Mirrors cannot be tempered and thus can break into dangerous large pieces. I've worked in the construction industry for over two decades, have seen breaks of both tempered and not. No manufacturer would skip the law and not have tempered glass in a shower or normal door... they would be sued to Hell and back.
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I absolutely agree with using a good shower chair over anything that comes as part of a shower unit, those things are too small, too slippery and do not accommodate different heights. And looking ahead - curtains are much easier for a caregiver to work around if she needs assistance.
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Reply to cwillie
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I had a accessible walk-in shower installed for my mother.We took down the glass shower doors and replaced it with a shower curtain, grab bars surrounding shower. Shower chair on wall would not recommend. Broke off wall one day, thank God my mother was not on the chair. I bought a pivot shower chair that is heavy duty. I am happy with the shower curtain, feel it is safer, easy to shower my mother with the hand held. Good luck!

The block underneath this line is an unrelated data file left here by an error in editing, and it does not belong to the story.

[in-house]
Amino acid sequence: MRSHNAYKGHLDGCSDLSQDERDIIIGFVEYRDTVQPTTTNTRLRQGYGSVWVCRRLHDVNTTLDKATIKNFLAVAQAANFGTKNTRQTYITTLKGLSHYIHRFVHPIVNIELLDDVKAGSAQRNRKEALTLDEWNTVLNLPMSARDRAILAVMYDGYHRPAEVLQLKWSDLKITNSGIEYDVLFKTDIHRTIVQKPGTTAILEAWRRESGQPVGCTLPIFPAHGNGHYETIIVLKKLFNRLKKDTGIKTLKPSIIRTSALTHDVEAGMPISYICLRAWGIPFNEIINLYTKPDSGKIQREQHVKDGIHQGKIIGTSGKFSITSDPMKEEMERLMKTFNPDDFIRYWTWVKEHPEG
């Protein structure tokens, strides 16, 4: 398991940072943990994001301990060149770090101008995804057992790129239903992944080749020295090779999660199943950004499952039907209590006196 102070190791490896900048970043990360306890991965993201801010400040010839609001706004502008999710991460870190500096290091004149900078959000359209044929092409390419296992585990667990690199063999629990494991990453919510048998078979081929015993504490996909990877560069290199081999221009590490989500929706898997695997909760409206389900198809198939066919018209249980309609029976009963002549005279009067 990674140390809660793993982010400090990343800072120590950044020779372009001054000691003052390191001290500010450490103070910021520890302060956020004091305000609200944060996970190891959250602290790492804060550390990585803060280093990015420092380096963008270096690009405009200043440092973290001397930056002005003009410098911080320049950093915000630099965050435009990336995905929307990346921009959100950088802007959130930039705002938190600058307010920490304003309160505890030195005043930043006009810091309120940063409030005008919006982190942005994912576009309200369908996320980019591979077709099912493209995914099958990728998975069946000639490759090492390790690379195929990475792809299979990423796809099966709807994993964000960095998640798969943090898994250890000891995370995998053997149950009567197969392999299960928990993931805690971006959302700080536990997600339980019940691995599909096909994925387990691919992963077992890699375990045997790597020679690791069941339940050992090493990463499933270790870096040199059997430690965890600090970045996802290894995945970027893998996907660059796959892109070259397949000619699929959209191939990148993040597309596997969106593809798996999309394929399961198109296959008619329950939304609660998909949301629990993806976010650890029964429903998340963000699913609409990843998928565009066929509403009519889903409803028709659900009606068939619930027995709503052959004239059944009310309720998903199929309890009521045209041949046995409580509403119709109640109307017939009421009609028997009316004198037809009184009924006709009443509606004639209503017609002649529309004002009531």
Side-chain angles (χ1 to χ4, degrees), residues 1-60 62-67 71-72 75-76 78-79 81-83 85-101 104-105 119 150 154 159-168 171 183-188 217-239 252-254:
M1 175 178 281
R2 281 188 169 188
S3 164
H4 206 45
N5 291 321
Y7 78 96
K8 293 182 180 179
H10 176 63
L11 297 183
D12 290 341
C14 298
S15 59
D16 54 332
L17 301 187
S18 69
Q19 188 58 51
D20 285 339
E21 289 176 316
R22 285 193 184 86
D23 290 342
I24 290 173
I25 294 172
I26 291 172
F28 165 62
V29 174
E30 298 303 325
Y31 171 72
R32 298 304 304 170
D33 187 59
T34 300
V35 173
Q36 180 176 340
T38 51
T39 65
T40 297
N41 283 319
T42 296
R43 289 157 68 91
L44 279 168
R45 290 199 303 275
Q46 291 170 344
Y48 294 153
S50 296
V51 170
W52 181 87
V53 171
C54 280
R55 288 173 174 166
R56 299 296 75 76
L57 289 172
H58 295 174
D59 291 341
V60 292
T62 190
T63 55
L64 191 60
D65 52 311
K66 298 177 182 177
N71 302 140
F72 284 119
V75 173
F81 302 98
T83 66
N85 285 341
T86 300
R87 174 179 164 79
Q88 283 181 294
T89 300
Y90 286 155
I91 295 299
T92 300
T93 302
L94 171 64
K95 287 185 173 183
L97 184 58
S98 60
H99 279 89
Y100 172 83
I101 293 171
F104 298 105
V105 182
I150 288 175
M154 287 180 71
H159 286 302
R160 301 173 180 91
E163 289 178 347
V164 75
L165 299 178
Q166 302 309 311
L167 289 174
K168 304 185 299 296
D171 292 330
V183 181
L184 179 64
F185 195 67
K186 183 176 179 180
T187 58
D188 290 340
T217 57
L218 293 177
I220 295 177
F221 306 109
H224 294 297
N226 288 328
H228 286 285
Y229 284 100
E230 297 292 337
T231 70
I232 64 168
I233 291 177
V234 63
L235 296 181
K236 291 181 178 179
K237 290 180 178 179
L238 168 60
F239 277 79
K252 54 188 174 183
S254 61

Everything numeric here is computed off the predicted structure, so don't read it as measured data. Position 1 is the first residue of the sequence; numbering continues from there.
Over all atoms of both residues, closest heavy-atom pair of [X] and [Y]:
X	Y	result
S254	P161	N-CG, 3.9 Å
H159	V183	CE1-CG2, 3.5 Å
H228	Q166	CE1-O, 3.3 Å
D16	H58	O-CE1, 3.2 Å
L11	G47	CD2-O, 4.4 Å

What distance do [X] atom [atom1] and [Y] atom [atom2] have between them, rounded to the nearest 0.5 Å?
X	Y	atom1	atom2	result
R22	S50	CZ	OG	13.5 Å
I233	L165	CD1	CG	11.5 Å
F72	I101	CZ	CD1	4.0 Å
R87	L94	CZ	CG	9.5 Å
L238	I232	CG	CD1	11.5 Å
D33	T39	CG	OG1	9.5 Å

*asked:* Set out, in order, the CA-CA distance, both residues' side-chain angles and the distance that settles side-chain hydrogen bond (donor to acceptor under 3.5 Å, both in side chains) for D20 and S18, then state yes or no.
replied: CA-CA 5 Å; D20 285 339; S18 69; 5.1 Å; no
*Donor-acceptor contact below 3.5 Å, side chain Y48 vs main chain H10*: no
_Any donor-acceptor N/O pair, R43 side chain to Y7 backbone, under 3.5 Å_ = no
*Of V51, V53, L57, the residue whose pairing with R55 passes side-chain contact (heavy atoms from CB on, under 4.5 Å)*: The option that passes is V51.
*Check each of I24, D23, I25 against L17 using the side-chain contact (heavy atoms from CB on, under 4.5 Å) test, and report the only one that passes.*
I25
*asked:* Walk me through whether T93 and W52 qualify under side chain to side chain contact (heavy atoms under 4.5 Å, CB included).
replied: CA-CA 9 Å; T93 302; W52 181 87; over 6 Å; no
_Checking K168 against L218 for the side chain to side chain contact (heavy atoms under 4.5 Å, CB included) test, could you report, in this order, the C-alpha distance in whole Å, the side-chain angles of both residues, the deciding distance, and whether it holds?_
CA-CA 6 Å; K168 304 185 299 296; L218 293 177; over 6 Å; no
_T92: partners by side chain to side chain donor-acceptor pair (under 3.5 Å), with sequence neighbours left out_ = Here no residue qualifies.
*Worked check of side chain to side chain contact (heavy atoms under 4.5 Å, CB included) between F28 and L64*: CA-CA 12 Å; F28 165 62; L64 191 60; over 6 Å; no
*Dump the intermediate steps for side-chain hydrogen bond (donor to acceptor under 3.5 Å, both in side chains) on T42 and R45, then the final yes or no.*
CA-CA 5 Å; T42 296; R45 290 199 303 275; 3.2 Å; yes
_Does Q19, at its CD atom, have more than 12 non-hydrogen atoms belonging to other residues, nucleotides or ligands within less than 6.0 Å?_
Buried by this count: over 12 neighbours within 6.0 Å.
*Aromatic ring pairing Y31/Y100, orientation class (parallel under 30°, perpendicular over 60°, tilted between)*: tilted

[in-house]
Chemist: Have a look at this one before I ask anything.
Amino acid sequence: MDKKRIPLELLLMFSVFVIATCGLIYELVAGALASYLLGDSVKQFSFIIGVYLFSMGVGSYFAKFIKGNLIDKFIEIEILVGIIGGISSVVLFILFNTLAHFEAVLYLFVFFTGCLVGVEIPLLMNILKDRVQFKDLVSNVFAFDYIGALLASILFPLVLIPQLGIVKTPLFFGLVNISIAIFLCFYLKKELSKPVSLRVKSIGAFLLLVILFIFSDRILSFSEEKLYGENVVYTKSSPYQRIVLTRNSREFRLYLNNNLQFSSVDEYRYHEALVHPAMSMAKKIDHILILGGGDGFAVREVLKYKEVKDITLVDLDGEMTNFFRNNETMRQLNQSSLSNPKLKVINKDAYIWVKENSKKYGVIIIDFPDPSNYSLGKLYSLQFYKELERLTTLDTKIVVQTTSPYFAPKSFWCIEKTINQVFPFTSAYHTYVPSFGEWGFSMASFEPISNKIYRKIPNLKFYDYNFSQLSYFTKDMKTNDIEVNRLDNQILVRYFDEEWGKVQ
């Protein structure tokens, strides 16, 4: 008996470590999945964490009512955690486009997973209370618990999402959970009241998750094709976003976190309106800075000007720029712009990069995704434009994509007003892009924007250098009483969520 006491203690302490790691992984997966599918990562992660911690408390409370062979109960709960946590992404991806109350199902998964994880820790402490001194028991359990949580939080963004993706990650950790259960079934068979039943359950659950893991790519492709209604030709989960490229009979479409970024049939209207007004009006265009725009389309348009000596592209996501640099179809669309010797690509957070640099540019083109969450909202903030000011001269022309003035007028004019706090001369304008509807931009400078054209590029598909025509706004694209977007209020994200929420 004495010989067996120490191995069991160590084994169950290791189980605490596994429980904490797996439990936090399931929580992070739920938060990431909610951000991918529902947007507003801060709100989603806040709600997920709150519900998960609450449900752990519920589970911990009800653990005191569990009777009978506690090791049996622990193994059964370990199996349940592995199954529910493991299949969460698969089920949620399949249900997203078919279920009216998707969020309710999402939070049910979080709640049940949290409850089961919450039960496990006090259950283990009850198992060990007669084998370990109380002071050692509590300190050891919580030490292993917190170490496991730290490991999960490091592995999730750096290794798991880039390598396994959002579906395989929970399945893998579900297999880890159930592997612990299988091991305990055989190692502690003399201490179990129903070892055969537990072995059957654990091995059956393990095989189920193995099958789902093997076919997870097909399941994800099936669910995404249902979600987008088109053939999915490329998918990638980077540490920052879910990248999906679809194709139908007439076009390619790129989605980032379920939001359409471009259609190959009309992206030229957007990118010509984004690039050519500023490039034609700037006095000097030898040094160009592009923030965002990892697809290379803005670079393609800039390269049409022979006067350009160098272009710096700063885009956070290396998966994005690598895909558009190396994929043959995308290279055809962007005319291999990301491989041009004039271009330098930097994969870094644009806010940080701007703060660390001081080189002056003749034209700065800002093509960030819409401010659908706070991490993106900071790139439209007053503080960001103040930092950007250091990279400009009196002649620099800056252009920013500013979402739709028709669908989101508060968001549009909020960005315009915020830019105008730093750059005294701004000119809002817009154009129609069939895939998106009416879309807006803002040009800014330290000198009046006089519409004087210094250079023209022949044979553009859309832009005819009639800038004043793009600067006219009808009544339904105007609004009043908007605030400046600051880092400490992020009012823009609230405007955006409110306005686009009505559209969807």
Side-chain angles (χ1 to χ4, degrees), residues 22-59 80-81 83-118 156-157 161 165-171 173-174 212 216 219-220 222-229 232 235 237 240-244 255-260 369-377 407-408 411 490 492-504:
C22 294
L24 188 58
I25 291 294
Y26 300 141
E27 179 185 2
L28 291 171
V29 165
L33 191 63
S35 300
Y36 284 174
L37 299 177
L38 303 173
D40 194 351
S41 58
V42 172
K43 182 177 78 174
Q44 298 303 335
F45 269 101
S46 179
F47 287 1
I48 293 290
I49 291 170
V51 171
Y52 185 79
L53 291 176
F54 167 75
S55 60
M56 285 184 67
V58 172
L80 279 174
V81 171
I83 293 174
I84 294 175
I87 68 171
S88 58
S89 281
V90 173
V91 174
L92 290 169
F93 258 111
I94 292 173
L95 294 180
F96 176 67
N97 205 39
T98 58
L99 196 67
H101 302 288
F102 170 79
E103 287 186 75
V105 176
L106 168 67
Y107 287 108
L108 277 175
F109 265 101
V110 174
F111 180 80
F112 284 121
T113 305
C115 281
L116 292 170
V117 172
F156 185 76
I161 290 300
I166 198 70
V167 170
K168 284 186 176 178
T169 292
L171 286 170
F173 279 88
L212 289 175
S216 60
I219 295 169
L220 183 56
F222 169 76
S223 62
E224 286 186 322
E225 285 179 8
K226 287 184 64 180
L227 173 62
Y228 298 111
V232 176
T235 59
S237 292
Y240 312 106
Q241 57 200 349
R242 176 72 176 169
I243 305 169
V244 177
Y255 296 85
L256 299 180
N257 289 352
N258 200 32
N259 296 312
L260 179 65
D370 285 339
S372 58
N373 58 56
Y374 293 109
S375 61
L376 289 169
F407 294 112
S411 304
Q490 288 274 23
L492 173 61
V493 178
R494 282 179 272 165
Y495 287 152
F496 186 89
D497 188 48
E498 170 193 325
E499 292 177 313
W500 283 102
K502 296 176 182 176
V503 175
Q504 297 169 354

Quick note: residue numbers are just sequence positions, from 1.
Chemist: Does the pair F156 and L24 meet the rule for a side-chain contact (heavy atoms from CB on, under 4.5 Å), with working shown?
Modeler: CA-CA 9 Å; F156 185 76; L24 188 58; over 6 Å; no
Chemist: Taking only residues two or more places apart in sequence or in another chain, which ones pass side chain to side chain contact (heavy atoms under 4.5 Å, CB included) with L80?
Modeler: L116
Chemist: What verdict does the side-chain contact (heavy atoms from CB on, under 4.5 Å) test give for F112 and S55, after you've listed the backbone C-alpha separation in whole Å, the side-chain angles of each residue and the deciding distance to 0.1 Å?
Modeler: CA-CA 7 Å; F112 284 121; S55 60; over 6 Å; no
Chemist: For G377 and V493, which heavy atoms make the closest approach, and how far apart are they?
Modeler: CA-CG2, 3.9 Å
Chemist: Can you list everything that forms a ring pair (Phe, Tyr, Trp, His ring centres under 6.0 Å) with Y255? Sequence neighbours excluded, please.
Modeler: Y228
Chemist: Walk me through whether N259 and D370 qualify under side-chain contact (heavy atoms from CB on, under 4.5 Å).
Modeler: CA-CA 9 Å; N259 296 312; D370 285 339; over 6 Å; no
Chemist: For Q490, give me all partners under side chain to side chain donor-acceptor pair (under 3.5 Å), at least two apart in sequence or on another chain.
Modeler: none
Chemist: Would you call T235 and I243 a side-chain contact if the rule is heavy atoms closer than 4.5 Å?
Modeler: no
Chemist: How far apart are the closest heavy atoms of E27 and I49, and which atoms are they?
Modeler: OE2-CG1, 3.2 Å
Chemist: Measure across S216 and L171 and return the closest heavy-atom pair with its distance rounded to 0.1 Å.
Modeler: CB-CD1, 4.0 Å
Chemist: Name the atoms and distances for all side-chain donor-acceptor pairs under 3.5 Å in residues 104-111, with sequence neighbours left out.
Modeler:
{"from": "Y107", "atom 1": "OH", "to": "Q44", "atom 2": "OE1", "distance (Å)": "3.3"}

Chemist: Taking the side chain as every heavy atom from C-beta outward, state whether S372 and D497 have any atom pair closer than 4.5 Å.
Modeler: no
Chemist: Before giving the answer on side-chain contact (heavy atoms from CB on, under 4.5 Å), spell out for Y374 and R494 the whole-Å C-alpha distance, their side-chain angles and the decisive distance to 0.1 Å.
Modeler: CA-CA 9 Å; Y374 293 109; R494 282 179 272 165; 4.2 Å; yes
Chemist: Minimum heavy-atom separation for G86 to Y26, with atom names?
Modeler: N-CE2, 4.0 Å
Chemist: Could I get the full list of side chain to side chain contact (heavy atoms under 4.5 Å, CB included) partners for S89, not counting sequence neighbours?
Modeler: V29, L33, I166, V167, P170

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Reply to earlybird
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I moved into a senior community 4 years ago and I too have a step in shower with curtain. I was considering have the curtain replaced with glass doors, due to having a dog which I have to bathe every month or two and it has been a hassle. The neighborhood gals get together every so often and I happened to bring up this topic about replacing curtain with doors and it so happens a lot of them have curtains and would not trade them for doors and the other are thinking of ridding of their doors to curtains. They said the doors are a pain to keep clean and streak free, plus a couple gals said they have almost fell into the doors and that really scared them incase the glass broke. For me, I really do like the shower curtain, it brings color into my bathroom. I had a grab bar installed lower so I could tie a short leash to it to keep my dog in the shower and a shower head with an extra long hose with pause on the shower head and this works out wonderfully.
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Reply to Sandyinstl